Starring: Jake Gyllenhaal, Gemma Arterton, Ben Kingsley, Alfred Molina, Richard Coyle
Written By: Boaz Yakin, Doug Miro, Carlo Bernard
Directed By: Mike Newell
Studio: Disney / Buena Vista
Prince of Persia: The Sands of Time, produced by Jerry Bruckheimer, is a sword and sandal epic that has been a popular video game for some time now. Starring Jake Gyllenhaal as Dastan, the adopted Prince of the Persian empire, who discovers a rare mysterious dagger while invading a rivaling city. After the death of his royal father, Dastan is targeted and must flee in order to escape his brothers who are out for revenge and the beautiful Princess Tamina (Arterton) is owns the dagger. A flashy action packed adventure that doesn’t hit the mark, yet is still fun to watch.
Dastan, grew up an orphan in Persia and later was adopted by the King, and has two foster brothers who are blood relatives to the King. Along with their Uncle (Kingsley) they seek out to attack the ancient city of Alamut. It’s been reported that the city has been making weapons for their enemies and they must be stopped. Sound familiar? While attacking the city, Dastan finds this mysterious dagger that beholds a magical power. Princess Tamina is the owner of the dagger and knows its true capabilities. When Prince Dastan returns to the city, there is a celebration and Princess Tamina of Alamut is to be married to Dastan’s brother, Tus (Richard Coyle.) Dastan presents his father, the king, with a robe but it turns out to be poisoned and Dastan flees the city before his brothers and Persian Army can capture him. Alongside Tamina, they gather the dagger and try to make sense of what is happening. Framed for murder, Dastan seeks to find the truth. With this special dagger, the powers reveal that is can reverse time and change the course of history. Dastan realizes his scheming Uncle Nizam (Kingsley) is the one behind it all, as he is seeking to return to a time before The King claimed the throne and he could have had the opportunity. Dastan and Tamina know they must stop Nizam and at the same time return the dagger to a place it will do no damage.
Gyllenhall really bulks up for this role, and proved he was up for the challenge of the stunts as we all learned in the short behind the scenes featurette on the making of the film. Whoever thought the hair was a good idea, should really get a catscan. Yikes. Gyllenhall though did a good job with the material that was given to him. He was more so on screen for the looks and the physicality of the role. It was great to see Richard Coyle on screen again. Some may remember him from his role on the British comedy series, Coupling as Jeffrey. Highly recommended by the way. Coyle played Dastan’s royal brother Tus and added some credibility to the film. Supporting cast members Ben Kingsley, Alfred Molina, and Gemma Arterton were strong in their roles and Arterton is just gorgeous. It’s funny though, with sword and sandal epics like this that take place in the middle east, everyone has to use a British accent. The film shot on location in Morocco and on sound stages in London, but the film was overloaded with CGI and editing that was a bit all over the place as well. At times, I would say even distracting. Every action sequence of Dastan jumping or fighting was in slow motion which really irritated me as well. Sometimes it’s just better to show it than add all those effects.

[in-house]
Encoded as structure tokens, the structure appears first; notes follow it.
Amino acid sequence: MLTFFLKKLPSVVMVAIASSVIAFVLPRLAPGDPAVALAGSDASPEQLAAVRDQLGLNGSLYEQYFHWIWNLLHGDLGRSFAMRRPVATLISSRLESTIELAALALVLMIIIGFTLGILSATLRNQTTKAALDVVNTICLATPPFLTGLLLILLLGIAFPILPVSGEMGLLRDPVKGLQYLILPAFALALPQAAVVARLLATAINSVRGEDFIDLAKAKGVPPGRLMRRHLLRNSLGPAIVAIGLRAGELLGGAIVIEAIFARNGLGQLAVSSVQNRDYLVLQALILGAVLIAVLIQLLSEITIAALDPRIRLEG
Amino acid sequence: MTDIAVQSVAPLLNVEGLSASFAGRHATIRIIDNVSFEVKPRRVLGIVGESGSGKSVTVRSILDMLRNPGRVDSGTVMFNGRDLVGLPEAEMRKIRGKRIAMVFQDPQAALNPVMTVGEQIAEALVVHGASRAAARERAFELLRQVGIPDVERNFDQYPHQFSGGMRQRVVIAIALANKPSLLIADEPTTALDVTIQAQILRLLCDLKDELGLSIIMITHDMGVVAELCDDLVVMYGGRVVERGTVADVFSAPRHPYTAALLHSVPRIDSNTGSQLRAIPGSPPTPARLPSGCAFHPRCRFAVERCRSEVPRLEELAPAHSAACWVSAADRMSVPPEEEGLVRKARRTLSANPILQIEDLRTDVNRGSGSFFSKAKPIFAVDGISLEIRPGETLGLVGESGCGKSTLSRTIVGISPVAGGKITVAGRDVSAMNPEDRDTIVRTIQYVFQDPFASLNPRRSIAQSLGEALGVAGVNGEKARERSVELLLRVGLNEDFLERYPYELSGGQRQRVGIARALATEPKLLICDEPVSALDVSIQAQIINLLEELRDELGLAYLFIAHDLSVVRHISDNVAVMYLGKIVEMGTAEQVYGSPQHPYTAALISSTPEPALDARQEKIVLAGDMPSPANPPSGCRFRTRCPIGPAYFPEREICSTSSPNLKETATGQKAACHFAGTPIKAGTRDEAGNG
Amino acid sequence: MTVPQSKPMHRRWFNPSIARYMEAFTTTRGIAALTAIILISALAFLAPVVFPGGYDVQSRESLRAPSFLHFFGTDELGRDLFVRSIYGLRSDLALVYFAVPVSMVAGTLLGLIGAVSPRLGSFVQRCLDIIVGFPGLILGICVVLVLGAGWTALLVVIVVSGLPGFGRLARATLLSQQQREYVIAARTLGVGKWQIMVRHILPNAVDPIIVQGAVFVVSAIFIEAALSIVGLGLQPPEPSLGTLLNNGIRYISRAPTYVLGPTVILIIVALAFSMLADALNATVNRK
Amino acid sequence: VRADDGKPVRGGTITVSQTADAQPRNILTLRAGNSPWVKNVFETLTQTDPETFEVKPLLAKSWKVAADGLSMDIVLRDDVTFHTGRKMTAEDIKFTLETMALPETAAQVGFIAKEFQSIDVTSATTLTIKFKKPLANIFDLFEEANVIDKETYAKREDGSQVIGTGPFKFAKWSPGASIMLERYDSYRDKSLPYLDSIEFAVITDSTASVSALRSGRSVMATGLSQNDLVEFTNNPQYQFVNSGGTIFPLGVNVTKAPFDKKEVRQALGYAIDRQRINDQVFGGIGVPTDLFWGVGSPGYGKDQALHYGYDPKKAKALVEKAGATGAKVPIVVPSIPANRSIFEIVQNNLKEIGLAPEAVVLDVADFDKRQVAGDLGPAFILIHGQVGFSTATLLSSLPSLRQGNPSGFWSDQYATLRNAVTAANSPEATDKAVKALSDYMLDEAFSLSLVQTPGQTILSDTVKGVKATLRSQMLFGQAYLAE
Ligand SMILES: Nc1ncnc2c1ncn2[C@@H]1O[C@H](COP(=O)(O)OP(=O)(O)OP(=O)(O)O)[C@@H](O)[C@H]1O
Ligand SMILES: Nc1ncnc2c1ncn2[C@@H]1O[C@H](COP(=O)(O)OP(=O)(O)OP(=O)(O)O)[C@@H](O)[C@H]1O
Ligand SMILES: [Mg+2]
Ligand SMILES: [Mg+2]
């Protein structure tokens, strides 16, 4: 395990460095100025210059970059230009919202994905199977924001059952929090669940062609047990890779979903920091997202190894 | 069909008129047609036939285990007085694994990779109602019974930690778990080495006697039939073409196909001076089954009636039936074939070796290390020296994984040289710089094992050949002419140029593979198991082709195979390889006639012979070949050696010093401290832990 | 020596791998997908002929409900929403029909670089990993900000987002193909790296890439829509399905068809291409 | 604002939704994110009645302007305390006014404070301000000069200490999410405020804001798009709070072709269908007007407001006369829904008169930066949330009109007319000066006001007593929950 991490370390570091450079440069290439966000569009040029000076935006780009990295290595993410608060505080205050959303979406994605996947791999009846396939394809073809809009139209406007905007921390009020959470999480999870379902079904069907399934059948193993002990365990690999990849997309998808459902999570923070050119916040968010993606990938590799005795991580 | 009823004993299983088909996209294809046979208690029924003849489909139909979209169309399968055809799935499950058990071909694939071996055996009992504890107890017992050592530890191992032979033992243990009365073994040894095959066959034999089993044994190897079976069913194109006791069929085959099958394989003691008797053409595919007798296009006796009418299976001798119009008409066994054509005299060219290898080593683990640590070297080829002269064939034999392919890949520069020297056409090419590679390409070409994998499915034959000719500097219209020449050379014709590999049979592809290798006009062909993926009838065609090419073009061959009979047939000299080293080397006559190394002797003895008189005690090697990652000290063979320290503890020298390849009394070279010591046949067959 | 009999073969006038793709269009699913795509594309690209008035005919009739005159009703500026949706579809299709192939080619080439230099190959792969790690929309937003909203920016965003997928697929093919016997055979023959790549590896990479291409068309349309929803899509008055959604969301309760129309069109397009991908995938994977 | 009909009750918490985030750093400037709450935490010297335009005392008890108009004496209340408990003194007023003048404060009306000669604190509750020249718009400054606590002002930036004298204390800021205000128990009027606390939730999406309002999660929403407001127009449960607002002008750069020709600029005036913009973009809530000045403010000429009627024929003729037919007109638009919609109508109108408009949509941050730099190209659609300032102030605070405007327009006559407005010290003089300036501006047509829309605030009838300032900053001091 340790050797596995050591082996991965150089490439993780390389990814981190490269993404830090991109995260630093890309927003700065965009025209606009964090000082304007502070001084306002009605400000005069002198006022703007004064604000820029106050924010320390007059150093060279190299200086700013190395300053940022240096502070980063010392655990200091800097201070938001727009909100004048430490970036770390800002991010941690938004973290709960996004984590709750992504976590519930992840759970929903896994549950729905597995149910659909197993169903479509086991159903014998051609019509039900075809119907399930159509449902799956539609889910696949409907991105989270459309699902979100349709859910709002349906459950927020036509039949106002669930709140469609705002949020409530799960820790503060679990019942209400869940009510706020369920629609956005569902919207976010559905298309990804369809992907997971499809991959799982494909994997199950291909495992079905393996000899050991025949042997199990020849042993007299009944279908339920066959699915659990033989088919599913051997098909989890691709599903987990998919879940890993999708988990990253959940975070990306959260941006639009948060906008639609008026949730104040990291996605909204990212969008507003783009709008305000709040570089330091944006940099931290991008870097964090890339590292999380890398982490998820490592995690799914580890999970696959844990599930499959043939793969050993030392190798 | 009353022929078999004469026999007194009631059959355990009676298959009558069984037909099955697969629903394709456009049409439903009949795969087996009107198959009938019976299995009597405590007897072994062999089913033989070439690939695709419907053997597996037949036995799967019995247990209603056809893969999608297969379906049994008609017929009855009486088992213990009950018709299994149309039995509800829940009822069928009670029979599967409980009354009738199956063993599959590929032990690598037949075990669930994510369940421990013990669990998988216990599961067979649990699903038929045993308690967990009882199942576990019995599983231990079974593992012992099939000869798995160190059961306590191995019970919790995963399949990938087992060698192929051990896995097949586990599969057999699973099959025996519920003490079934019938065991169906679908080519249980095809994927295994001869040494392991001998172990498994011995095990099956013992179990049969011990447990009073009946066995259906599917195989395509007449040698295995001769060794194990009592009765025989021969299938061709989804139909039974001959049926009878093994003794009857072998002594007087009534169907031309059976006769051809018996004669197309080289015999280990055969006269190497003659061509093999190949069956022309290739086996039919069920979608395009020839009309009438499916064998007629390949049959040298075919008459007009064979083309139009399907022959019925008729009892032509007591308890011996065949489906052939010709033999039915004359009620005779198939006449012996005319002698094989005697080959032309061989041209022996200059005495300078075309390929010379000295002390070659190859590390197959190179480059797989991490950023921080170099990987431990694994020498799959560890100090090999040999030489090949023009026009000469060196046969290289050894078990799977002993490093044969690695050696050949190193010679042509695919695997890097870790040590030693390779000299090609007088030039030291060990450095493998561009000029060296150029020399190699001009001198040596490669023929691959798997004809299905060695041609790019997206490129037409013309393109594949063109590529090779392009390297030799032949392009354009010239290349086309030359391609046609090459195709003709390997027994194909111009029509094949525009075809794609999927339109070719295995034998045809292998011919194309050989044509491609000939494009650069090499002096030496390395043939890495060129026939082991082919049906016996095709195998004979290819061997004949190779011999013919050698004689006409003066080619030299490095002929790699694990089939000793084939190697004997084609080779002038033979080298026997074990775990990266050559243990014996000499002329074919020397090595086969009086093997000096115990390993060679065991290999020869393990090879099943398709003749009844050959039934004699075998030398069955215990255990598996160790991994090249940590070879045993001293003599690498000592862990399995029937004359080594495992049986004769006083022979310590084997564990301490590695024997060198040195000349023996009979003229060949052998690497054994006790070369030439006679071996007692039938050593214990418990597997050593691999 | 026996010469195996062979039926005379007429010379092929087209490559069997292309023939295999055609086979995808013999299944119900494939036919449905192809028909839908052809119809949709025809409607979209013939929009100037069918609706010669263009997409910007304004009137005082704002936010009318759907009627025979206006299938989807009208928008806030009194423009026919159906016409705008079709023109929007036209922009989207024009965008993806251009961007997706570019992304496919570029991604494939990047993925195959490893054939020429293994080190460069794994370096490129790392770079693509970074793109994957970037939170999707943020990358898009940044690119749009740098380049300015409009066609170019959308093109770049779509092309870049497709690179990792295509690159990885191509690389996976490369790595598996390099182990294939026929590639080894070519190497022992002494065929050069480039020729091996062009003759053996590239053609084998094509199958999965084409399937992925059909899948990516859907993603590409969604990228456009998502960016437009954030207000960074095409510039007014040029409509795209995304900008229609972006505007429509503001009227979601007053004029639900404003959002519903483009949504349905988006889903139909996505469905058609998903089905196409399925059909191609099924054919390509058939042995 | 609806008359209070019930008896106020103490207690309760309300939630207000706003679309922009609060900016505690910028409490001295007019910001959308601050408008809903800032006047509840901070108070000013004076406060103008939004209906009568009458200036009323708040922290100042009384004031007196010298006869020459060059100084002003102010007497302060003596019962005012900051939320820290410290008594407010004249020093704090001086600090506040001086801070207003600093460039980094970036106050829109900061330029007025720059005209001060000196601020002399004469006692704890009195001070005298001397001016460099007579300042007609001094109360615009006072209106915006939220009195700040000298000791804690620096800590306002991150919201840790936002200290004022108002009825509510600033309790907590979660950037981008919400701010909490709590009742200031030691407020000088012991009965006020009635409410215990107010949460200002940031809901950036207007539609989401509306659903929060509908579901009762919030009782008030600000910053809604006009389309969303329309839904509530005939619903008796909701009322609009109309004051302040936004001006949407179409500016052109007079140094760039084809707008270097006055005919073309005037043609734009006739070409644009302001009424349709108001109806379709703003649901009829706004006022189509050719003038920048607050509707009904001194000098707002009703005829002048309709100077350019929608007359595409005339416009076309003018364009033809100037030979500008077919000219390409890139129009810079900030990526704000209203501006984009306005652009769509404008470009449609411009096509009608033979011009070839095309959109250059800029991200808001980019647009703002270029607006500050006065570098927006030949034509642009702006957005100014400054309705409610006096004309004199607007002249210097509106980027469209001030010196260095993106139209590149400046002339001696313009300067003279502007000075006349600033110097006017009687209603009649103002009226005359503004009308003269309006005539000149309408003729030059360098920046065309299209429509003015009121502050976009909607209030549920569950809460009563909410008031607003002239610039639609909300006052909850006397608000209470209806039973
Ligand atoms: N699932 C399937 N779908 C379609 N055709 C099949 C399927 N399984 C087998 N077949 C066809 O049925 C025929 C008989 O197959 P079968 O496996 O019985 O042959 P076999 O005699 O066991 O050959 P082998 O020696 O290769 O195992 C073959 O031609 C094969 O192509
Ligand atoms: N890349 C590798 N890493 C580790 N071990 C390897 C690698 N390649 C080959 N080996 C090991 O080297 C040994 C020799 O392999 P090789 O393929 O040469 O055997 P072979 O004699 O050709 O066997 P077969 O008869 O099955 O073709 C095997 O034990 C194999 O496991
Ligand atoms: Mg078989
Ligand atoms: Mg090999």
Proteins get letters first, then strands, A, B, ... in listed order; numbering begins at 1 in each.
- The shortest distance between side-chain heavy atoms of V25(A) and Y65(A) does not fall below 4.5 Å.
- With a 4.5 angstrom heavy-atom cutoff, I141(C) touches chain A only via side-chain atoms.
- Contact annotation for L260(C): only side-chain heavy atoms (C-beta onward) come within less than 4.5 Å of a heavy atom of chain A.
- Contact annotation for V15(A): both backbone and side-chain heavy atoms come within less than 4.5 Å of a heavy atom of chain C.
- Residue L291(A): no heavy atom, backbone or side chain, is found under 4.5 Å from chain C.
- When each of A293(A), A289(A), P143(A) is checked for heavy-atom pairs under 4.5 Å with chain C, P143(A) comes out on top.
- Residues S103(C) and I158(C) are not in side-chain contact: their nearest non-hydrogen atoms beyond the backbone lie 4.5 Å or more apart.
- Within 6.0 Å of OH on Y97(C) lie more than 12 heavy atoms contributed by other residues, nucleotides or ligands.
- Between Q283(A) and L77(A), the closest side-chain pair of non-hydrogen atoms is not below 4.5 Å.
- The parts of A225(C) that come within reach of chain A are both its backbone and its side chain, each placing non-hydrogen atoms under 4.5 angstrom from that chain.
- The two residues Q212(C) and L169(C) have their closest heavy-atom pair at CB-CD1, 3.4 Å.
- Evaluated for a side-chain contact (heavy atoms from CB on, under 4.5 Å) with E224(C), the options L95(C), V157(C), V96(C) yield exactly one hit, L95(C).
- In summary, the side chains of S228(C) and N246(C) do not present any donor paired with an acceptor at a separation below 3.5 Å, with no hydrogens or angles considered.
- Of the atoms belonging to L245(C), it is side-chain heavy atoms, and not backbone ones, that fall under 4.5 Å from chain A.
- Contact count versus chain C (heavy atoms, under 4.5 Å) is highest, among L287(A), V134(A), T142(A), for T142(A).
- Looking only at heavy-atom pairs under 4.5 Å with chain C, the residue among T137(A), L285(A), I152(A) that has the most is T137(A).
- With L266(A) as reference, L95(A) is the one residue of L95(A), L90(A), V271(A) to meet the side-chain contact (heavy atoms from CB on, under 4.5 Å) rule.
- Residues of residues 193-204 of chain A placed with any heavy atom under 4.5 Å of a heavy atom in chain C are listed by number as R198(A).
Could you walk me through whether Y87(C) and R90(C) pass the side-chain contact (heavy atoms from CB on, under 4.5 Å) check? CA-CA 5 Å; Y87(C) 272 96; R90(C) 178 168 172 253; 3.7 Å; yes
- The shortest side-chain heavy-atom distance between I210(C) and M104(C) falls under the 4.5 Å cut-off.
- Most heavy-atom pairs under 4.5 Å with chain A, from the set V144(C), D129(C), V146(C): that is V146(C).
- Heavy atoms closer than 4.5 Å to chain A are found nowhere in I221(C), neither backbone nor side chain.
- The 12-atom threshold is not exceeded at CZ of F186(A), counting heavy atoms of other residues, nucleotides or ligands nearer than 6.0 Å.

Prince of Persia looked great in High definition though. As with any Bruckheimer film, the locations are always very colorful and exciting. Everything comes through crisply, and there was slight film grain but for the most part, the colors were bright and vibrant. The audio track was good too. The action sequences boomed and had good volume to it, though I got sick of some of the characters just yelling all the time. The Blu Ray set featured a DVD and Digital Copy along with just a few extras. Just one deleted scene sequence, and a Making of Special featurette on just the DVD side. Disappointing. The film itself, I guess I would say the same thing. The film while it was fun at times, felt confusing as well with the story and dialogue of exactly what was going on screen. Then CGI sequences would take you out of the viewing enjoyment when it was so grand in scale that it was distracting. Prince of Persia really could of hit a home run and it failed to do so.
Exclusive To Disney Combo Pack:
– CineExplore: The Sands Of Time
– Deleted Scenes: The Banquet
An Unseen World: Making Of DVD Special Featurette
Includes DVD Copy Of Prince Of Persia: The Sands Of Time
Includes Digital Copy Of Prince Of Persia: The Sands Of Time For Portable Media Players
Widescreen 2.40:1 Color
ENGLISH: Dolby Digital Stereo
ENGLISH: DTS-HD MA 5.1
SPANISH: Dolby Digital 5.1
FRENCH: Dolby Digital 5.1
FRENCH: DTS 5.1
English, Spanish, French
Bottom Line: Disappointing start to what could have been a proud franchise in the future
Running Time: 116 mins